A Bangladeshi citizen has been charged with plotting to kill a member of the US military on behalf of Islamic State.
Nelash Mohamed Das, 24, of Maryland’s Hyattsville, made an initial appearance in court on Monday and was ordered detained until a hearing on Thursday, reports Reuters.
In July, Nelash told a confidential informant working for the Federal Bureau of Investigation that he wanted to kill a service member, the US Justice Department said in a press release.
According to the press release, the informant had provided Nelash with false information about a member of the military and led him to believe Islamic State would pay about $80,000 to conduct the attack.
Nelash was taken into custody by FBI agents on September 30 as he and the informant arrived at the residence of the target to carry out the attack, it added.
He will face a maximum sentence of 20 years in prison if convicted. He was admitted to the United States in 1995 and is a legal permanent resident.
Besides, the Washington Examiner reported that the 24-year-old man first came under the FBI's radar last September for declaring his support for IS on social media and praising terrorist attacks in Paris, France, and San Bernardino, California.
"Our goal is to catch dangerous suspects before they strike, while respecting constitutional rights," US Attorney Rod Rosenstein for the District of Maryland said in a statement. "That is what the American people expect of the Justice Department, and that is what we aim to deliver."
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The Washington Examiner in its report said Nelash tweeted the name of an individual who planned to join the US military last October, telling his followers this person "aspires to kill Muslims." The individual's personal information was also posted on social media to give anyone interested in attacking the potential victim the means to do so.
Nelash's arrest follows the murder of four Bangladeshis including an imam and a freedom fighter in the US in possible hate crimes in just two months.
In August 2013, a New York court sentenced Bangladeshi national Quazi Mohammed Rezwanul Ahsan Nafis to 30 years in prison for attempting to bomb the Federal Reserve Bank of New York.
Nelash in January tweeted a picture of an AK47 assault rifle with the phrase, "This is more than just a gun. This is a ticket to Jannah," a reference to the Quran's post-life paradise.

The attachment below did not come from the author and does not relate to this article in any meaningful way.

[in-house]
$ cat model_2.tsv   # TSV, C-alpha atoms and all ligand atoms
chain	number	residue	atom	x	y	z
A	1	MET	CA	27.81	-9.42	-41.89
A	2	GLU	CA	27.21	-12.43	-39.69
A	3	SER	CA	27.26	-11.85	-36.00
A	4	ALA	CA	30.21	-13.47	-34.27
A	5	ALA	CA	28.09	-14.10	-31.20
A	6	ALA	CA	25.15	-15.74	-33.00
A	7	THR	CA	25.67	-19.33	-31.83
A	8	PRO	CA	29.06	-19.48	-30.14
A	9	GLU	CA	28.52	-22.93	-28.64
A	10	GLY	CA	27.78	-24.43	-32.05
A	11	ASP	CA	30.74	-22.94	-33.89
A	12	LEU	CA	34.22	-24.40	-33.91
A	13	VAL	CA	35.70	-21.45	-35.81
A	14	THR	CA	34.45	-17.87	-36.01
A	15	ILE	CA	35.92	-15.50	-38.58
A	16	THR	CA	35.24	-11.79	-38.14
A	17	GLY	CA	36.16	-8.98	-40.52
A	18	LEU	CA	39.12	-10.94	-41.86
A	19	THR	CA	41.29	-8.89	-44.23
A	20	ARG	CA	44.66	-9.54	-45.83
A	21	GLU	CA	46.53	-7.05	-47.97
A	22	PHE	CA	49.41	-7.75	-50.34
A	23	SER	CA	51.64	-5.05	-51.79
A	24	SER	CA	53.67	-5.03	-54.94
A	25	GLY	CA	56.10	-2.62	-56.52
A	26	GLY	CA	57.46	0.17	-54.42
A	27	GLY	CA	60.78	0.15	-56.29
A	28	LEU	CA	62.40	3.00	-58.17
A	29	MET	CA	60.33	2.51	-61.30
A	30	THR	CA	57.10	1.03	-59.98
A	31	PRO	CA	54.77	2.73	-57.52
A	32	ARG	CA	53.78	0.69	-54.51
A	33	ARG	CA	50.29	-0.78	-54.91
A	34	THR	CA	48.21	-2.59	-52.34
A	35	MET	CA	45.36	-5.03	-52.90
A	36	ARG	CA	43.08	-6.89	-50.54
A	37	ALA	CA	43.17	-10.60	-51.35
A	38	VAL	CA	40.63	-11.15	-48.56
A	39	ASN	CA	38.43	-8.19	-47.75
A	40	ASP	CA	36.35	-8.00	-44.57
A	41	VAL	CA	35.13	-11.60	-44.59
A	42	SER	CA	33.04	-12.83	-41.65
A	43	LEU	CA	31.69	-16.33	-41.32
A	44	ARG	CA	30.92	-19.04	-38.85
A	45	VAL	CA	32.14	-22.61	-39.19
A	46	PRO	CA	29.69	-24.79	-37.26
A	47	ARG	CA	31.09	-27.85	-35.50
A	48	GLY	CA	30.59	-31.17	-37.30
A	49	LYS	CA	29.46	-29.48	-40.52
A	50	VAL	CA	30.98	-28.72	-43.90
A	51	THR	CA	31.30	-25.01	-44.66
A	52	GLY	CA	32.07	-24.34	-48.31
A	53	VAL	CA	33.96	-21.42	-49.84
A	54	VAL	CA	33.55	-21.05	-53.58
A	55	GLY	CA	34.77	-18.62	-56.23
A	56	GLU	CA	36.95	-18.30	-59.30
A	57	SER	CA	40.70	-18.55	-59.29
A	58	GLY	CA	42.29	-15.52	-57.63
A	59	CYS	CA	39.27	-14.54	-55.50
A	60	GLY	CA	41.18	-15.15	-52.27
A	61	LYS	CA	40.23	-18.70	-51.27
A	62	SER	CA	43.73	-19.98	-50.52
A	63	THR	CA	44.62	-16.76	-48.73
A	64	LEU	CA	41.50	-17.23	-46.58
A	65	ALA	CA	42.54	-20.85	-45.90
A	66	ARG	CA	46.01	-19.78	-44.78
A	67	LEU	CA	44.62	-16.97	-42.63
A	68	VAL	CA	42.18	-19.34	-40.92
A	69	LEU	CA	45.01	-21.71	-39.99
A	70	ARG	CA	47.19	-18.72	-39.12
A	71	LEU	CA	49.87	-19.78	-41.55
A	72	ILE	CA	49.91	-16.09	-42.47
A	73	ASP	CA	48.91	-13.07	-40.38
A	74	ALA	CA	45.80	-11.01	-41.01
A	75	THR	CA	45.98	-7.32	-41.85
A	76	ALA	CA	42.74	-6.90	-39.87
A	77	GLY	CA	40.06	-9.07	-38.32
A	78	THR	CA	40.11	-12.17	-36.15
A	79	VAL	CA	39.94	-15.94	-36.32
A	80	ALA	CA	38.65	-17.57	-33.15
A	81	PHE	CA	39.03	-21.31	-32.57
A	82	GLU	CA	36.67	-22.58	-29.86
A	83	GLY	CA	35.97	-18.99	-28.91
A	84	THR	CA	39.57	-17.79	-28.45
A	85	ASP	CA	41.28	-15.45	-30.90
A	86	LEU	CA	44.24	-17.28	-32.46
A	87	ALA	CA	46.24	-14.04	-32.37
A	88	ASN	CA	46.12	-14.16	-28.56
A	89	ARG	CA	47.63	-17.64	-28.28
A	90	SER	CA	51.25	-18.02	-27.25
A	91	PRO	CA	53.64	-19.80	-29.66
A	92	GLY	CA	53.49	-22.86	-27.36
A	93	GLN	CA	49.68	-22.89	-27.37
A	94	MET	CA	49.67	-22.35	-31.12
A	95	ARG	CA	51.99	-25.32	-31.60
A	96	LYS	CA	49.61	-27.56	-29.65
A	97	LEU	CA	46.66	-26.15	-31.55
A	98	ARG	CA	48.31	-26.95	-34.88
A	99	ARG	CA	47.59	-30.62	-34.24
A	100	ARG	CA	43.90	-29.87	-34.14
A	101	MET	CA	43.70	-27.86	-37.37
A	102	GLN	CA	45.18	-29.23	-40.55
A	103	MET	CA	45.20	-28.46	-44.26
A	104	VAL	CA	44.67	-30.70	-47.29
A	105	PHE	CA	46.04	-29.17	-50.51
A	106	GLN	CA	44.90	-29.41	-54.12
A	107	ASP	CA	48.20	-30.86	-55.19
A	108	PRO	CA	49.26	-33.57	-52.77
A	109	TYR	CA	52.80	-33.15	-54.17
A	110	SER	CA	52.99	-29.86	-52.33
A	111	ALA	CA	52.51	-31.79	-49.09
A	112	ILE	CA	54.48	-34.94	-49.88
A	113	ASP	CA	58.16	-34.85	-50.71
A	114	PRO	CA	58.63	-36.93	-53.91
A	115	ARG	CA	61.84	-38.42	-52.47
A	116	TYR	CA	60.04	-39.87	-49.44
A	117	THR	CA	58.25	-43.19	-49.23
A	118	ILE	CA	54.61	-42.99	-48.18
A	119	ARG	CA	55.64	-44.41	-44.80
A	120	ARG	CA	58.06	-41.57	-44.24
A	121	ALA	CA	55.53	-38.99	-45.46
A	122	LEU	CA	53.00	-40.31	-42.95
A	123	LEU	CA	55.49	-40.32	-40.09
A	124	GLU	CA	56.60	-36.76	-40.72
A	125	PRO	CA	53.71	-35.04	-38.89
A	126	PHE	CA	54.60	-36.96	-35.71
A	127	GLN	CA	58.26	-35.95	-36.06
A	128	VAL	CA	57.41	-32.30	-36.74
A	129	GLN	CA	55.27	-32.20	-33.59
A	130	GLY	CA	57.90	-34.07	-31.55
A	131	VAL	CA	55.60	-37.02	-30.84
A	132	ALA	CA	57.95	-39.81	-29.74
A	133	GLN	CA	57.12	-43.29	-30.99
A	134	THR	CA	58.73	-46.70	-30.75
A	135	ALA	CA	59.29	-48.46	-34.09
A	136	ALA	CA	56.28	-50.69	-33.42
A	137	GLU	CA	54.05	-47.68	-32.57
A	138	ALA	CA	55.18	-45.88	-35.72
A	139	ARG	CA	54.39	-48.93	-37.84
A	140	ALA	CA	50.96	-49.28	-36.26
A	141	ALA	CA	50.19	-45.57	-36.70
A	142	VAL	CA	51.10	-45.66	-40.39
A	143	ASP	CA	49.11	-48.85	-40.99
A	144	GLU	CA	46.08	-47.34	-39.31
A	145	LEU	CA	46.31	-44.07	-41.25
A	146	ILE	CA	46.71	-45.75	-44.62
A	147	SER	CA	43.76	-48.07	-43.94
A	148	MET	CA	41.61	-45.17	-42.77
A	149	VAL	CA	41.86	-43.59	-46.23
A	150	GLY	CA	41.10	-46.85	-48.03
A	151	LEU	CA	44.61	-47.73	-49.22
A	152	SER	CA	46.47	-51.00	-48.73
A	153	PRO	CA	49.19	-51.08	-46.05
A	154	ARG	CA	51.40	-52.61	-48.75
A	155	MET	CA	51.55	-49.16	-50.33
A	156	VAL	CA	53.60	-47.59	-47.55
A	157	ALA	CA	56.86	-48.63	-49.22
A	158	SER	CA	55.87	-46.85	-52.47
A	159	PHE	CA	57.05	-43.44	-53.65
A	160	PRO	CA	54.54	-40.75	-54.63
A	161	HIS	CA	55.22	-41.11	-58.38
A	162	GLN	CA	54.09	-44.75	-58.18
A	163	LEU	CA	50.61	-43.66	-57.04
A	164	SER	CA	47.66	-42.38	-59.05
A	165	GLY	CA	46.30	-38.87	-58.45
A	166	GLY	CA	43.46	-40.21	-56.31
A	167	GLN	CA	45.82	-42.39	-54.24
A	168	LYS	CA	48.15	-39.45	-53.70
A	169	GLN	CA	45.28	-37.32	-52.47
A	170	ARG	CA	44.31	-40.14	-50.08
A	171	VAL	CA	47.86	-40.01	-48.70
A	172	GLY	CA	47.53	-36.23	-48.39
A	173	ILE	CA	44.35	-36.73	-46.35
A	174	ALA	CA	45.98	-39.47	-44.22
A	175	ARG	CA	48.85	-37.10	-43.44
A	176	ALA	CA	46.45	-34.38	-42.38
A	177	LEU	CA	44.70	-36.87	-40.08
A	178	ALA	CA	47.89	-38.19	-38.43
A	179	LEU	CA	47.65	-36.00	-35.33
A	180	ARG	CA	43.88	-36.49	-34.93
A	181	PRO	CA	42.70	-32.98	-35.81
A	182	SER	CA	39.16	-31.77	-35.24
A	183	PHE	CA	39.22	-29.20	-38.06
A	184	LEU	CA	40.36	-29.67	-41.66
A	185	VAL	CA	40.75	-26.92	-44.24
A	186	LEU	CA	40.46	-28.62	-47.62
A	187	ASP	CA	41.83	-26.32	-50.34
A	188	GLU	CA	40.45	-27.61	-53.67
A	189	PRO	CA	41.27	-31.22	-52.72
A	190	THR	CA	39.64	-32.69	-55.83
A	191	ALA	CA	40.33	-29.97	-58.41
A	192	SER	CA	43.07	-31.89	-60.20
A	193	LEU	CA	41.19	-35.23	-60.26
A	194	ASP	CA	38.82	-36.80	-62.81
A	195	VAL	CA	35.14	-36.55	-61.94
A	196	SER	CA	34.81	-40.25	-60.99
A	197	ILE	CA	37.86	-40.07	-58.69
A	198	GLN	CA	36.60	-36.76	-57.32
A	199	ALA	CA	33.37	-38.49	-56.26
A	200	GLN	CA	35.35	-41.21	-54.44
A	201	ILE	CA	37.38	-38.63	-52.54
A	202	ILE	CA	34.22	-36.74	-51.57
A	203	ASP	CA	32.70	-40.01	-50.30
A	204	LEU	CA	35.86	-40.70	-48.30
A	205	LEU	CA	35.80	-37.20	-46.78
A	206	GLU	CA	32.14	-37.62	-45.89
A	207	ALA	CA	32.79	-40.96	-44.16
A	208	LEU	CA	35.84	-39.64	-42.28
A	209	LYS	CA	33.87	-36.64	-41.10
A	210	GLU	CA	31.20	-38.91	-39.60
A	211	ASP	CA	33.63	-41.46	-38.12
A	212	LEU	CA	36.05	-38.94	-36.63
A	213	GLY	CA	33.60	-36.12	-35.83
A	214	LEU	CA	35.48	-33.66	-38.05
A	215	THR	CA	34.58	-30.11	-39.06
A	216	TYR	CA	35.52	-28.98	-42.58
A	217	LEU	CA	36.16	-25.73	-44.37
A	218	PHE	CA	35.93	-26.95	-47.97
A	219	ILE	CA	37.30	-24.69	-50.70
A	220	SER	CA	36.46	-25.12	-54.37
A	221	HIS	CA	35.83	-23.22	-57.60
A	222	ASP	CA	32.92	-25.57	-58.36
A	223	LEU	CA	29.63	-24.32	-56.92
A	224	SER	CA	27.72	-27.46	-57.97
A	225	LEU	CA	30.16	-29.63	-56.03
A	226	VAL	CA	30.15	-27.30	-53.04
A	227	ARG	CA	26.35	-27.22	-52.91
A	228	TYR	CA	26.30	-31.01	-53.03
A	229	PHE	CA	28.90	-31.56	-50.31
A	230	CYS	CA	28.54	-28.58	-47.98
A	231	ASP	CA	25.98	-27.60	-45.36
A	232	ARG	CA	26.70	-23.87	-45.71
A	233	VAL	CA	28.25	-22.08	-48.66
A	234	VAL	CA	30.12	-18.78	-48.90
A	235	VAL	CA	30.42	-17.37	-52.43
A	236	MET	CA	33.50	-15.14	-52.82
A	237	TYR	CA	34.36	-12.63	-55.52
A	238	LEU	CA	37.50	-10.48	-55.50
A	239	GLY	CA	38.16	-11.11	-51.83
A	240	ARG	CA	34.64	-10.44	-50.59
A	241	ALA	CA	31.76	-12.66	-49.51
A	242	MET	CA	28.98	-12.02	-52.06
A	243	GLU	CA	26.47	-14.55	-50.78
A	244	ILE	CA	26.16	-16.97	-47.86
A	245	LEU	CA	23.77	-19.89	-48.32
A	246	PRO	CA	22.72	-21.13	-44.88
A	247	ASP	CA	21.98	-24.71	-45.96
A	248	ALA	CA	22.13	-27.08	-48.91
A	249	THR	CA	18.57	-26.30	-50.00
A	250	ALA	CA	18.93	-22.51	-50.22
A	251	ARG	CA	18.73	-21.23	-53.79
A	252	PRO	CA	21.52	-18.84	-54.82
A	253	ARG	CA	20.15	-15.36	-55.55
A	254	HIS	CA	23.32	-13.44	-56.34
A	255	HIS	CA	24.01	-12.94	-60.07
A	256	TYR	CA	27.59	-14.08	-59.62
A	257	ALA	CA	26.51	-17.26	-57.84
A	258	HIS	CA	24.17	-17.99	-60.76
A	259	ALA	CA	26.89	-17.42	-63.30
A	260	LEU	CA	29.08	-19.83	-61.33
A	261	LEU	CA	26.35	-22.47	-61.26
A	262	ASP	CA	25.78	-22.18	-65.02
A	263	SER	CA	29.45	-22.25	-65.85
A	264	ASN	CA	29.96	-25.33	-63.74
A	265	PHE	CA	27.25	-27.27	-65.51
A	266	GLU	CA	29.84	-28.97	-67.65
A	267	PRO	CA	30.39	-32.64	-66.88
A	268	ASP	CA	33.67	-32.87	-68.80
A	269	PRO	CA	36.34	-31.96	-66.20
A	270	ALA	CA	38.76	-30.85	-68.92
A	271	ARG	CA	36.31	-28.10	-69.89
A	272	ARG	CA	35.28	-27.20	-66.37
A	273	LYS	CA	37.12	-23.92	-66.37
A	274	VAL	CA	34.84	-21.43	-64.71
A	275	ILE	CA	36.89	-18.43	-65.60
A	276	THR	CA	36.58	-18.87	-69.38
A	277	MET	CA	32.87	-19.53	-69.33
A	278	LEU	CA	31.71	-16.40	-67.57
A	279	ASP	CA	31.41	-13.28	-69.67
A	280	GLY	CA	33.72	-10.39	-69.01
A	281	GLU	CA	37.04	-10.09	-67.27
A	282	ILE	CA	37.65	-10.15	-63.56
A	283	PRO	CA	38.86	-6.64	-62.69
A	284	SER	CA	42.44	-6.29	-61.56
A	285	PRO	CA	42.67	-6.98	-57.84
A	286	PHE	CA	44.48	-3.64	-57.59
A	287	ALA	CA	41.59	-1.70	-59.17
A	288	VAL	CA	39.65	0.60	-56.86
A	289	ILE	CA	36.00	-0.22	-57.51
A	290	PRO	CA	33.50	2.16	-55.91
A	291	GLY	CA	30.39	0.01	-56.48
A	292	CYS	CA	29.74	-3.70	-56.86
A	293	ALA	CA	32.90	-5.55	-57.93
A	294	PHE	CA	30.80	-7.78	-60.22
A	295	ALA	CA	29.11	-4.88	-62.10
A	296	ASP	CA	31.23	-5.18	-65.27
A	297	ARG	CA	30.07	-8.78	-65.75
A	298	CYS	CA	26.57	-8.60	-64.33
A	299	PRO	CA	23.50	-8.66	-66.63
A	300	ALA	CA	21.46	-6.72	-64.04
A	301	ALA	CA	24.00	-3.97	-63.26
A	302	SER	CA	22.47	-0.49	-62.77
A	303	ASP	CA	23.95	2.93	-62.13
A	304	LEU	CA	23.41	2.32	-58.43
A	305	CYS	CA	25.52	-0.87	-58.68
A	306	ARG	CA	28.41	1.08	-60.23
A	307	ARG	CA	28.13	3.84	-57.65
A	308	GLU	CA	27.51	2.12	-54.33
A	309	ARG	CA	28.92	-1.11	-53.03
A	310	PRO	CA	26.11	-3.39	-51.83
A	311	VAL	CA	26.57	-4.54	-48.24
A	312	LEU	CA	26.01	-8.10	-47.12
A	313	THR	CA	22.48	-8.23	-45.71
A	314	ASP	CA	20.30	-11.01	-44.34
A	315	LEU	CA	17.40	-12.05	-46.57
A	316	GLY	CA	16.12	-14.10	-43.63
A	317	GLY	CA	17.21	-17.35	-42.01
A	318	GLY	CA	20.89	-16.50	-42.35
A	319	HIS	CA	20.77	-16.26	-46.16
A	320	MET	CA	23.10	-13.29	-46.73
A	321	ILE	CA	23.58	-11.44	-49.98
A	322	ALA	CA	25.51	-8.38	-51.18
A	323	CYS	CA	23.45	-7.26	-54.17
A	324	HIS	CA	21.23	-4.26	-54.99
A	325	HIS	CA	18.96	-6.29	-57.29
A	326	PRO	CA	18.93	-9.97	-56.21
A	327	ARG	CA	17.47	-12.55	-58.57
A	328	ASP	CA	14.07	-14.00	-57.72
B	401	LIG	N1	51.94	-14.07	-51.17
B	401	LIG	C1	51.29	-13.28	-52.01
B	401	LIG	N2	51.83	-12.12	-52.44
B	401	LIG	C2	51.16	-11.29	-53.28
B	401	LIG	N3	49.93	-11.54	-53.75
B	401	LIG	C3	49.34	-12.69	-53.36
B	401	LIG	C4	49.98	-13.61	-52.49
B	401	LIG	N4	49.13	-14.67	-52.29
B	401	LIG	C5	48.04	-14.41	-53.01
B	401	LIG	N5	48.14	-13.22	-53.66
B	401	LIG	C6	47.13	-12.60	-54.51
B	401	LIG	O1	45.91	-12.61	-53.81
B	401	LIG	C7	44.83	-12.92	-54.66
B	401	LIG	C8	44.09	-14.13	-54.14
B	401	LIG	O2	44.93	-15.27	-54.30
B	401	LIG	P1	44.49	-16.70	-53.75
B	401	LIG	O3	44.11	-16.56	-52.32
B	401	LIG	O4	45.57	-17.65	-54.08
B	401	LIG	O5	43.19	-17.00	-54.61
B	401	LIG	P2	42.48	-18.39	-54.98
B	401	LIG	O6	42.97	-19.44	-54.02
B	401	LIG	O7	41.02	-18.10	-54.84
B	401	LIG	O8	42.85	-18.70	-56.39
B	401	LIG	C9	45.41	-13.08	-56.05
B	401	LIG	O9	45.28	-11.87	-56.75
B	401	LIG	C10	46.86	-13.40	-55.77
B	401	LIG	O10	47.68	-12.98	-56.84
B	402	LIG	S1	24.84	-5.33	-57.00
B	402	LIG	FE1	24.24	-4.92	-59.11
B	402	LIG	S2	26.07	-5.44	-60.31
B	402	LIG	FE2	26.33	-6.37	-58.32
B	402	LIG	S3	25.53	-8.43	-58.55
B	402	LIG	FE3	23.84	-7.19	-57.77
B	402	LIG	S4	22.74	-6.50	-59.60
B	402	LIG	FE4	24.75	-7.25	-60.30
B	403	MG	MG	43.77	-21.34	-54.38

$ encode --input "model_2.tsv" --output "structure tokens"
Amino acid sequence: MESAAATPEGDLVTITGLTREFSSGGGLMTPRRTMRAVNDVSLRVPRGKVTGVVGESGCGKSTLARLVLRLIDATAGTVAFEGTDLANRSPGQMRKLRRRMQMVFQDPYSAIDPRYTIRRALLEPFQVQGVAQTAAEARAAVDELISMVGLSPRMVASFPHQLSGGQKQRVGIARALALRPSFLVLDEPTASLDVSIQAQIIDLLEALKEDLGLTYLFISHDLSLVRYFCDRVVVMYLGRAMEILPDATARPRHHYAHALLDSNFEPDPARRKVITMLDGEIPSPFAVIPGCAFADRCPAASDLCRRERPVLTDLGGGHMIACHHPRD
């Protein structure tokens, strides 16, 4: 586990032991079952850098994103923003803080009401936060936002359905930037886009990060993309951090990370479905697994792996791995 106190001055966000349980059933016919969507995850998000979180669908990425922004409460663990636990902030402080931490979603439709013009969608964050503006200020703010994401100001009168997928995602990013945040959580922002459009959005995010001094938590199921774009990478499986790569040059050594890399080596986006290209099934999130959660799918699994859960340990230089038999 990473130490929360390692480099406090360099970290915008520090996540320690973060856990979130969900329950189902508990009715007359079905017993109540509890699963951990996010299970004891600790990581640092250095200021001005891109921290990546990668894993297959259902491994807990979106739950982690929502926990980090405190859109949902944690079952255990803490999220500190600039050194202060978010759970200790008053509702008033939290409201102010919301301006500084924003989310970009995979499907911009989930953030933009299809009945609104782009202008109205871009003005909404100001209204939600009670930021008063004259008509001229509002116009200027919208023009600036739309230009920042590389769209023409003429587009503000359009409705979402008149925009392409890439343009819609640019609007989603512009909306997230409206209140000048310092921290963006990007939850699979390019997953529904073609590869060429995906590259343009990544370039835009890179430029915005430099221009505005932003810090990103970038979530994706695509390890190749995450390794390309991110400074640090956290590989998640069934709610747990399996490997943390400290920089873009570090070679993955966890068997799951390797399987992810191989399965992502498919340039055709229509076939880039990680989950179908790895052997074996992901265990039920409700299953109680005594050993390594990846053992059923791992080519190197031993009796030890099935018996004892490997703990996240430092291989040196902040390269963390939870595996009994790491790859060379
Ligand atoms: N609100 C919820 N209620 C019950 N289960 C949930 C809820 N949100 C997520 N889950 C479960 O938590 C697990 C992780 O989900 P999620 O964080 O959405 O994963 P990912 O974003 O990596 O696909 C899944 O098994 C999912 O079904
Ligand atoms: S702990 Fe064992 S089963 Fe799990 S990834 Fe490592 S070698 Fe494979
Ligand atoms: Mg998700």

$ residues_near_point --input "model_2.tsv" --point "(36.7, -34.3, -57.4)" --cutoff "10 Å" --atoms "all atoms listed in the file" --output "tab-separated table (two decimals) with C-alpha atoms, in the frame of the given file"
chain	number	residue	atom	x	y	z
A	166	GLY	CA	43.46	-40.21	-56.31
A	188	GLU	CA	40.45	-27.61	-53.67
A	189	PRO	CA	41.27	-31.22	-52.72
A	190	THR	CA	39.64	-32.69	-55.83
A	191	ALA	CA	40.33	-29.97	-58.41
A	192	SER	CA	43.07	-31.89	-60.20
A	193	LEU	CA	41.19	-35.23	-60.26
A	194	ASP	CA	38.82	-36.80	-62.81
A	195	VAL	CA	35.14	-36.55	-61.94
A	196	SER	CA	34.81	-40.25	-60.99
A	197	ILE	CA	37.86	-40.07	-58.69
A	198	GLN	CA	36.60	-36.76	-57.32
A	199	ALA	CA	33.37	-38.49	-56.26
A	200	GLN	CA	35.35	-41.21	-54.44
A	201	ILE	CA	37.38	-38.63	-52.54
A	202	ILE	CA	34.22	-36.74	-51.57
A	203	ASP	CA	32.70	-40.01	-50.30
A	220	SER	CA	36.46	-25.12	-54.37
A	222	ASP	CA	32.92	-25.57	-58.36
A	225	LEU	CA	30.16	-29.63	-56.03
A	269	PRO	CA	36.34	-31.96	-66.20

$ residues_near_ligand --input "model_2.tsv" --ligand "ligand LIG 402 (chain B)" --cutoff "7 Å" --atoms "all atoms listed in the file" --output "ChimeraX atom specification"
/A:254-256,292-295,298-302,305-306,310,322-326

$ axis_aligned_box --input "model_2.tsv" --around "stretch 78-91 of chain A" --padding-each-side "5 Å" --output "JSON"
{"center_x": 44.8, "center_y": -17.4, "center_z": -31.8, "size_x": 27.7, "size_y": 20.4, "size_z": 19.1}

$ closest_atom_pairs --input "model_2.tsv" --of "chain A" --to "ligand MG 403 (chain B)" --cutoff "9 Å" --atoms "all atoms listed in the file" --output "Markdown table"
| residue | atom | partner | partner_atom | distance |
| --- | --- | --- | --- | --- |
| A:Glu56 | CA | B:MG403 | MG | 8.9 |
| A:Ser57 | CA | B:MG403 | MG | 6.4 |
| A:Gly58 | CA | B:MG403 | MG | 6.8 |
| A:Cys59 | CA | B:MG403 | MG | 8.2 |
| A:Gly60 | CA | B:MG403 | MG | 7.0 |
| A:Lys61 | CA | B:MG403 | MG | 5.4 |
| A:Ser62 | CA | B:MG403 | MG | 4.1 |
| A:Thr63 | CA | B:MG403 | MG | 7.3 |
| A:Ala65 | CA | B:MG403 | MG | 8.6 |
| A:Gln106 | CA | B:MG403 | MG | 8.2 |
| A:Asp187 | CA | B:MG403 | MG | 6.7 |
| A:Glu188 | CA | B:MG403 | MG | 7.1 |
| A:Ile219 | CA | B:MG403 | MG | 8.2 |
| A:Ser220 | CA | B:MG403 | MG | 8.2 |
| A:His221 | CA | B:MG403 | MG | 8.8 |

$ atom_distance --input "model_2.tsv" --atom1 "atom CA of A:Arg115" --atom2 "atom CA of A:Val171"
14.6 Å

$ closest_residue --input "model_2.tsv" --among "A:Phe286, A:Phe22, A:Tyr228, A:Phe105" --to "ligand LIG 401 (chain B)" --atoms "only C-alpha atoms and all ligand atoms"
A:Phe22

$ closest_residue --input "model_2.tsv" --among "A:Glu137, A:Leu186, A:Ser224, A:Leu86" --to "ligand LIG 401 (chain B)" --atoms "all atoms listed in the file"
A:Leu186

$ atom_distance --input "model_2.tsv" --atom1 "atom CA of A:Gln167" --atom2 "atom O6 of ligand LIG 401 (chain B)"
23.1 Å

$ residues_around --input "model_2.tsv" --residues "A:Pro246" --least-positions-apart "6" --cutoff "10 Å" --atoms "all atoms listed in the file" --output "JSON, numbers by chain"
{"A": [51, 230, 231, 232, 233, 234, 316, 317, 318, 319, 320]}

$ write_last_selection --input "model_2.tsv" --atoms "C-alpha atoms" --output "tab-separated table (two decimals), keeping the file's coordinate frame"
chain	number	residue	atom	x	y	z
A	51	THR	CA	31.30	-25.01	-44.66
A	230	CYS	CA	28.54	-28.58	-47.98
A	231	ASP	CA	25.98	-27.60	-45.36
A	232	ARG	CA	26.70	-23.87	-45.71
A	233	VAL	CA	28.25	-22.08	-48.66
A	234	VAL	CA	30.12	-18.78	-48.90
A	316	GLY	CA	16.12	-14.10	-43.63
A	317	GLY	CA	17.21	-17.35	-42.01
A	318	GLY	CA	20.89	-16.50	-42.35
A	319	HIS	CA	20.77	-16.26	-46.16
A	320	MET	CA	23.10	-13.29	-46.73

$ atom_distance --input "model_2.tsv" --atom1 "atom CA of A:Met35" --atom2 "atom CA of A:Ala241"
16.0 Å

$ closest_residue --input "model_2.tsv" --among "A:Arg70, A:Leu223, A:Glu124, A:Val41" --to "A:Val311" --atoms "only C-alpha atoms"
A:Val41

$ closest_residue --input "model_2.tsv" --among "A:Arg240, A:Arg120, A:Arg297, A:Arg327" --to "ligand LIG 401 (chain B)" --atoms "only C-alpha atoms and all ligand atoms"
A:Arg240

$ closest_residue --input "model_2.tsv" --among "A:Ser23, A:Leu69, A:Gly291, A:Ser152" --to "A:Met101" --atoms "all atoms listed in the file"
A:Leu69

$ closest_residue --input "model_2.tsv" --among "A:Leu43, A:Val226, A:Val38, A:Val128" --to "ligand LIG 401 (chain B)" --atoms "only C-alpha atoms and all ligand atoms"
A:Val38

By April, the FBI was aware that the suspect attended a Handgun Qualification License class at a firing range in Prince George's County, Md. He had told a classmate he wanted to purchase a Glock 9mm handgun and an AK47. Nelash regularly practised shooting at the range and also submitted his fingerprints to get a license.
Nelash met with an undercover FBI agent in May. He allegedly told the informant he had relationships with ISIS members overseas and wanted to kill a specific US service member whose personal information had been hacked and published online. The undercover agent said he had connections to ISIS and could get Nelash two guns. He later gave Nelash guns that the FBI had rendered inactive, but Nelash was unaware of that at the time.
In late September, Nelash and the FBI agent drove to a firearms store in Virginia. Nelash purchased ammunition for his 9mm and 0.40 caliber firearms. The agent had given Nelash information about the military member he had wanted to kill, but the information was inaccurate in order to protect the person's life while leading on the suspect.
Nelash and the informant made it all the way to where the FBI had told him the service member lived. Nelash allegedly loaded his guns with the ammunition and sent a text to someone he thought was a member of ISIS saying, "I'm ready." He got out of the vehicle and federal agents approached him. Nelash ran, but was apprehended by the FBI.
110 IS-linked cases in US since 2013
In September, US Assistant Attorney General John Carlin said that more than 110 people had been publicly charged in federal court since late 2013 on counts related to the Islamic State militant group that has overrun much of Syria and Iraq, reports Reuters.
Carlin said in early September the US Justice Department needs the American public to be more proactive about alerting federal authorities when they witness someone showing support for foreign terrorist organisations, such as the IS.
In more than 80% of the IS-related cases that have been prosecuted since 2013, someone in the community of the accused person believed they had witnessed the activity for which the person was ultimately charged, according to Carlin. In more than half of those cases, the witnesses did not report anything to law enforcement authorities until after the charges were made.
Many of the Islamic State supporters prosecuted since 2013 have been charged under "material support" statutes that prohibit supporting designated foreign terrorist organisations. No groups based on domestic ideology, such as white supremacists have that designation.
Carlin said he is open to considering whether affiliation with a domestic extremist group could "warrant a special penalty" for people already charged with committing a violent crime.
Simply supporting a domestic group where some of the members have committed crimes, should not be prosecuted, Carlin said, because it "runs into our Constitution and our values."
"You're getting close to making illegal ideas," Carlin said.
The Department of Justice charged 60 people last year with supporting or committing crimes because of their sympathies to Islamic State, the largest annual figure on record. The number arrested this year has been less than last year's figure.